The Muslim Brotherhood's Freedom and Justice Party issued a statement on Monday announcing that it will not participate "in any sit-in or protest that may lead to more confrontations and congestion," the party wrote in a statement it issued to reporters.
"In the meantime, we will be striving along with other parties to abort the sedition that the interior ministry has instigated in the country," the statement said.
Cairo police on Monday fought protesters demanding an end to army rule for a third day on Monday and the death toll rose to at least 33, with many victims shot, in the worst violence since the uprising that toppled President Hosni Mubarak.
The party demanded that the ones repsonsible for the killing of potesters be brought to justice. In the meantime, it linked the Tahrir clashes to "desperate attempts made for months to halt the process of handing power over to the peoeple through the parliamentary elections."
As night fell, thousands of people packed Tahrir Square, the epicenter of the anti-Mubarak revolt in January and February. The clashes threaten to disrupt Egypt's first free parliamentary election in decades, due to start next Monday.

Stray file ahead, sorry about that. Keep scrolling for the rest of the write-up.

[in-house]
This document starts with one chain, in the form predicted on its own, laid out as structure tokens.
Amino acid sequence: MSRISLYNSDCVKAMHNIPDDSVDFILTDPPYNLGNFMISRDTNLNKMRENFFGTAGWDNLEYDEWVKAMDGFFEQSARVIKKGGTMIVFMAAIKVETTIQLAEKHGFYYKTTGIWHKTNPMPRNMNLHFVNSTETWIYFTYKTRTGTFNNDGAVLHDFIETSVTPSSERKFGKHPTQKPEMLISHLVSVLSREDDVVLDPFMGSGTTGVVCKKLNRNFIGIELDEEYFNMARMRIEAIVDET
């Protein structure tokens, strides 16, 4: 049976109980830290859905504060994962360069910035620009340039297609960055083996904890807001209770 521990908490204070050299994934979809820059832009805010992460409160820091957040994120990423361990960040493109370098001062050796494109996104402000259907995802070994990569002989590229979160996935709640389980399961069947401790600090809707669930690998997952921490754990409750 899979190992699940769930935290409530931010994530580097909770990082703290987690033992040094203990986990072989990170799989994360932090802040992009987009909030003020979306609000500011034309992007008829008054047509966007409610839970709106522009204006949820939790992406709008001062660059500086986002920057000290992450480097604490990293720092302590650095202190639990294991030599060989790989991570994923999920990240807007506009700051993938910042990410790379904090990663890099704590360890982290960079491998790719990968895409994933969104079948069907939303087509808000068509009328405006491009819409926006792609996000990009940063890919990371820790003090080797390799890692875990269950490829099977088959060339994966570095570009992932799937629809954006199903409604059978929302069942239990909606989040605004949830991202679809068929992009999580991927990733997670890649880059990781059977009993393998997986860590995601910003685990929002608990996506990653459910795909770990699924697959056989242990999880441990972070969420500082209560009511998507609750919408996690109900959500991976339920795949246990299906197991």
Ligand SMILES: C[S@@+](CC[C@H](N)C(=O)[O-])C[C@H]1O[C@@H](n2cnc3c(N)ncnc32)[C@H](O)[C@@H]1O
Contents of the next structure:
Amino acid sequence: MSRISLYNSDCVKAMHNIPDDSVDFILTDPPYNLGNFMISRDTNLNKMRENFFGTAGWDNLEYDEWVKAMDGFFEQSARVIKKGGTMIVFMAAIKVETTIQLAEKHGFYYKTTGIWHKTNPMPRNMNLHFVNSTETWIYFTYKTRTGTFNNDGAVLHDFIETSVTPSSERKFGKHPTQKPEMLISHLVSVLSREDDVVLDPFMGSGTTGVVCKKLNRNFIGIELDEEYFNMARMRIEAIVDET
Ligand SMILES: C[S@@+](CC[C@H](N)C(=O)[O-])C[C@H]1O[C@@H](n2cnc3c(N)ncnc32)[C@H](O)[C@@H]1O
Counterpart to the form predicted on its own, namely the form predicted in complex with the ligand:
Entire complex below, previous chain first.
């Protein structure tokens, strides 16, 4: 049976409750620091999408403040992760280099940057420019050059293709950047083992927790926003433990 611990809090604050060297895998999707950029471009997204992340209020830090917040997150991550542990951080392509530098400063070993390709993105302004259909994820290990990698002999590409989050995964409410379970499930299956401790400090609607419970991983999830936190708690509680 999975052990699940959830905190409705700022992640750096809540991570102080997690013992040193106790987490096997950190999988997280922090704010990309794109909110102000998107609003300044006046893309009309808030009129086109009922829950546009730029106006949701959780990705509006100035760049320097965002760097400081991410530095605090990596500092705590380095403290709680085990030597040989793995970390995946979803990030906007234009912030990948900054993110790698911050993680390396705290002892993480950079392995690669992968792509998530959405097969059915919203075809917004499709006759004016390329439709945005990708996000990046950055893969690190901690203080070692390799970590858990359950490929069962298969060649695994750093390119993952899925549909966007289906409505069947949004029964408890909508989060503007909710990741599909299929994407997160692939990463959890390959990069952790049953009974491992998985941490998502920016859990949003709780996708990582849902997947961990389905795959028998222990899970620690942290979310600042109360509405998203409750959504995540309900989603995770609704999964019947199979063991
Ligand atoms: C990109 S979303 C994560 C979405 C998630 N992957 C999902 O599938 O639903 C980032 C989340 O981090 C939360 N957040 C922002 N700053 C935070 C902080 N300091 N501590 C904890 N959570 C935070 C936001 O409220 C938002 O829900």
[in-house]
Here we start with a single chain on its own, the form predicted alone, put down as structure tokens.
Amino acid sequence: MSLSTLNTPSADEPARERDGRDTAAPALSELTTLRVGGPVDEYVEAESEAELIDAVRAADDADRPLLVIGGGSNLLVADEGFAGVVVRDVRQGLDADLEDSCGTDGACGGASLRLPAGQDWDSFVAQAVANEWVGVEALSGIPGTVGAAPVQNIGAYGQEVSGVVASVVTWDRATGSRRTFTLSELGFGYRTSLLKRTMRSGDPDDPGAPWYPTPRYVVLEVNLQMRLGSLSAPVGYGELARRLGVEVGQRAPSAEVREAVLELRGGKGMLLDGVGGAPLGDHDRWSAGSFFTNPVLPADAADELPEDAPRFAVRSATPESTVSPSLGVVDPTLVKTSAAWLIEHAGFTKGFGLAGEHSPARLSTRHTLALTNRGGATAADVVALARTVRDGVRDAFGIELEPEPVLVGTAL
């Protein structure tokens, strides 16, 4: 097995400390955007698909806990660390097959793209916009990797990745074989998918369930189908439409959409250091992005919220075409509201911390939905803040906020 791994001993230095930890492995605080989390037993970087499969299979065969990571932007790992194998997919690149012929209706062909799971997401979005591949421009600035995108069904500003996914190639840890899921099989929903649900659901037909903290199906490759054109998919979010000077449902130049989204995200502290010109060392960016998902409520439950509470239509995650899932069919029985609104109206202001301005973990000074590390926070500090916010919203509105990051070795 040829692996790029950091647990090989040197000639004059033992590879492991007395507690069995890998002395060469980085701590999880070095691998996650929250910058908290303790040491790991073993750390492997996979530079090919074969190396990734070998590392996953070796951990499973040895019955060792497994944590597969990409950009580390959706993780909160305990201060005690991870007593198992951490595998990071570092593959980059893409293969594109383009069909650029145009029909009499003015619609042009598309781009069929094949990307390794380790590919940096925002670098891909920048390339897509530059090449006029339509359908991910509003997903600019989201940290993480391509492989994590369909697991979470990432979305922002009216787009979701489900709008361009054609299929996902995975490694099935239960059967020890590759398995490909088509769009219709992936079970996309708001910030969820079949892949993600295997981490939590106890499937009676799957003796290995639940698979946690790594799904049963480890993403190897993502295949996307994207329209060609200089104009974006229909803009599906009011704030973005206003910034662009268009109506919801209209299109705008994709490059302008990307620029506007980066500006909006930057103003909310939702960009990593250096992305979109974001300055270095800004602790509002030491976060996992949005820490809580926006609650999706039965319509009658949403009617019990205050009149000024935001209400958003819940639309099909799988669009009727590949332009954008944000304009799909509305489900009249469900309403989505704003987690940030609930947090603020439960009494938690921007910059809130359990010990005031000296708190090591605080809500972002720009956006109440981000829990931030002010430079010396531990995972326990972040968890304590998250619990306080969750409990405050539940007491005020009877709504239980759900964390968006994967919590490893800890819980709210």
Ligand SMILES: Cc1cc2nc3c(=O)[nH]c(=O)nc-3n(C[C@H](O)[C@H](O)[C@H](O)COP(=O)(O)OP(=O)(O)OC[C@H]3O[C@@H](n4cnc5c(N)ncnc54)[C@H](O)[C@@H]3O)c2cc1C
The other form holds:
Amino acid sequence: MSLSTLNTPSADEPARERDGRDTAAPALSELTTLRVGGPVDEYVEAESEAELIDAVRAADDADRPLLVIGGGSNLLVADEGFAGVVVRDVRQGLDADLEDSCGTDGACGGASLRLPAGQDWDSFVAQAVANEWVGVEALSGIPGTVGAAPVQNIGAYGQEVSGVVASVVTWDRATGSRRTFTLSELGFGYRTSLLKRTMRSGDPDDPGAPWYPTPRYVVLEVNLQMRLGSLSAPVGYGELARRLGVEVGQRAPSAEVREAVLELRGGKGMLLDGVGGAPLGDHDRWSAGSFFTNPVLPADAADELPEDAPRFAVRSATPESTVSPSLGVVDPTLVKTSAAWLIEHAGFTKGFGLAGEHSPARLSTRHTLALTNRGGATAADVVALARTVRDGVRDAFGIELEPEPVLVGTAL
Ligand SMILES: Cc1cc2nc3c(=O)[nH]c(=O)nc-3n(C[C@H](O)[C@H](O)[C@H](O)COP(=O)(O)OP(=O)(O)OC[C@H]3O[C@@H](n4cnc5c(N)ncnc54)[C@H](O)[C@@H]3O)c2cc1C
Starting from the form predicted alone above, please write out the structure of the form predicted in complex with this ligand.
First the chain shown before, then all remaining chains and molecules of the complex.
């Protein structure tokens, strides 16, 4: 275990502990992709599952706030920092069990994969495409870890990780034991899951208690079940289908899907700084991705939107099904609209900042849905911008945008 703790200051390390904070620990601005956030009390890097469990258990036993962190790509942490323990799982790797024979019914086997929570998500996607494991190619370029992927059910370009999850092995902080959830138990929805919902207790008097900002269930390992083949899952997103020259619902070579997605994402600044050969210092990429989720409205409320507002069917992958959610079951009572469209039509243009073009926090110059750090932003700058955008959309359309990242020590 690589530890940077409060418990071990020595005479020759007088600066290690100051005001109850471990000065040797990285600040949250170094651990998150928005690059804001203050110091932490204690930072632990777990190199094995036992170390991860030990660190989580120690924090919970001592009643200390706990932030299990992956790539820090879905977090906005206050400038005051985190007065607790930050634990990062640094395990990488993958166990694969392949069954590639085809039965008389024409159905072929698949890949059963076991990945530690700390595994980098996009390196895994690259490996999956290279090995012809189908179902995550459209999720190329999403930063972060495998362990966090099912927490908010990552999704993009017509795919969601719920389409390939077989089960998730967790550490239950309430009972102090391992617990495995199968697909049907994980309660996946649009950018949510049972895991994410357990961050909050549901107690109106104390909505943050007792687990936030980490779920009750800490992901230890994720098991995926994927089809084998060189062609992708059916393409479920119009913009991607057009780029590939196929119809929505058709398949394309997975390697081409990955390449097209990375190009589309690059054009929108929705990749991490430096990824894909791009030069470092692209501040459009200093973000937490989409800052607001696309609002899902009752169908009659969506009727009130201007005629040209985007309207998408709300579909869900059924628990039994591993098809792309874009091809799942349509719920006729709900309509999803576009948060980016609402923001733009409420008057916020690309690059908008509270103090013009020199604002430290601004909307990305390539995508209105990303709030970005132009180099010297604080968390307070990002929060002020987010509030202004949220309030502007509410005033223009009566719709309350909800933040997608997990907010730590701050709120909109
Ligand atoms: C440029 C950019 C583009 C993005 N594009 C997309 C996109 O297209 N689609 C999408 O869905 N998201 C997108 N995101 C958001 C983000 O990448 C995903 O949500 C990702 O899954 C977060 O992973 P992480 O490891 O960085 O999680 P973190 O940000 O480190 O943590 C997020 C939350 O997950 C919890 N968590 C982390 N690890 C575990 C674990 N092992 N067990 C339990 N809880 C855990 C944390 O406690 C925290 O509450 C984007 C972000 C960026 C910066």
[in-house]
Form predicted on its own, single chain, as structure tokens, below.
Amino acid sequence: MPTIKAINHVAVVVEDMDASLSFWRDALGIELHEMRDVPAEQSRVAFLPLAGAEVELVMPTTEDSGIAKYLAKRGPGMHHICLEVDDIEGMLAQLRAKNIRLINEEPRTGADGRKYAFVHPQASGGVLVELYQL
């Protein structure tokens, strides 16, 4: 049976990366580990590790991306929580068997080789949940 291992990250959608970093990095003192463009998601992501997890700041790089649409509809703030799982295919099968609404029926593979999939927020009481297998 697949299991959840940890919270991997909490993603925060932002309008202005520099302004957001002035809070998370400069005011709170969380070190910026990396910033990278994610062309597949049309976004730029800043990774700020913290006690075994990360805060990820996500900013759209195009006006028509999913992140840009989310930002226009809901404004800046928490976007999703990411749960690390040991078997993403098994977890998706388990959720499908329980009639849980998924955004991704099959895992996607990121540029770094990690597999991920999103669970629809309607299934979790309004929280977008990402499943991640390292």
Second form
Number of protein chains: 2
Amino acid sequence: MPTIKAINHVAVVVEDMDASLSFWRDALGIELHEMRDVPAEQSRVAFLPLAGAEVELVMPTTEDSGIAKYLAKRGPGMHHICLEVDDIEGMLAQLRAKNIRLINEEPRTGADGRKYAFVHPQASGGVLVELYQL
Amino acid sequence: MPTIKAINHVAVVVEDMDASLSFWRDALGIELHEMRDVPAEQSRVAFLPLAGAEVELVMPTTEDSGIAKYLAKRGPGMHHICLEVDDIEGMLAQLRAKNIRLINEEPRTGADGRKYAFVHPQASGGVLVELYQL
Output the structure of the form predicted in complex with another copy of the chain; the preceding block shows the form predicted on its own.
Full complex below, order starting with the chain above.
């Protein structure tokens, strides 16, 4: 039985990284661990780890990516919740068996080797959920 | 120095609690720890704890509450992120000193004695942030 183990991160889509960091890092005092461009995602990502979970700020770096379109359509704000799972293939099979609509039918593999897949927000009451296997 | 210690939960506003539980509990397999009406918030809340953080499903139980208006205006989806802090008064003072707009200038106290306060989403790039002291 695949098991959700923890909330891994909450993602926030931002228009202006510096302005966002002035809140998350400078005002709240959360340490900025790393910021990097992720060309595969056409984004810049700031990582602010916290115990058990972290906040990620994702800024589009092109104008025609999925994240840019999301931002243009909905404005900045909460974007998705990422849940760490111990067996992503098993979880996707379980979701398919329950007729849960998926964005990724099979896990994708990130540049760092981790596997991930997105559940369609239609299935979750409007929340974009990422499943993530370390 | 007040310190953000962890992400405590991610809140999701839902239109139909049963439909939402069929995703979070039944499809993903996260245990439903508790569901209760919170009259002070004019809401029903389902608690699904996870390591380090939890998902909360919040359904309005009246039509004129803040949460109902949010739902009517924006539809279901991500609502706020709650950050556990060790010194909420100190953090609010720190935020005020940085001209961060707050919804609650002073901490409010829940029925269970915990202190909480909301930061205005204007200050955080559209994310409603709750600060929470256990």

"The people want the fall of the marshal," they chanted, referring to Field Marshal Mohamed Hussein Tantawi, Mubarak's defense minister for two decades and head of the army council.
Clashes flared in side-streets near Tahrir. Witnesses said looters, not necessarily connected to the protests, had attacked the American University in Cairo and other buildings.
Protesters have brandished bullet casings in the square, where police moved in with batons and tear gas on Saturday against a protest then dominated by Islamists but since driven by young people with secular aims. Police deny using live fire.
Medical sources at Cairo's main morgue said 33 corpses had been received since Saturday, most with bullet wounds. One source at the morgue said the toll had risen to 46. At least 1,250 people have been wounded, a Health Ministry source said.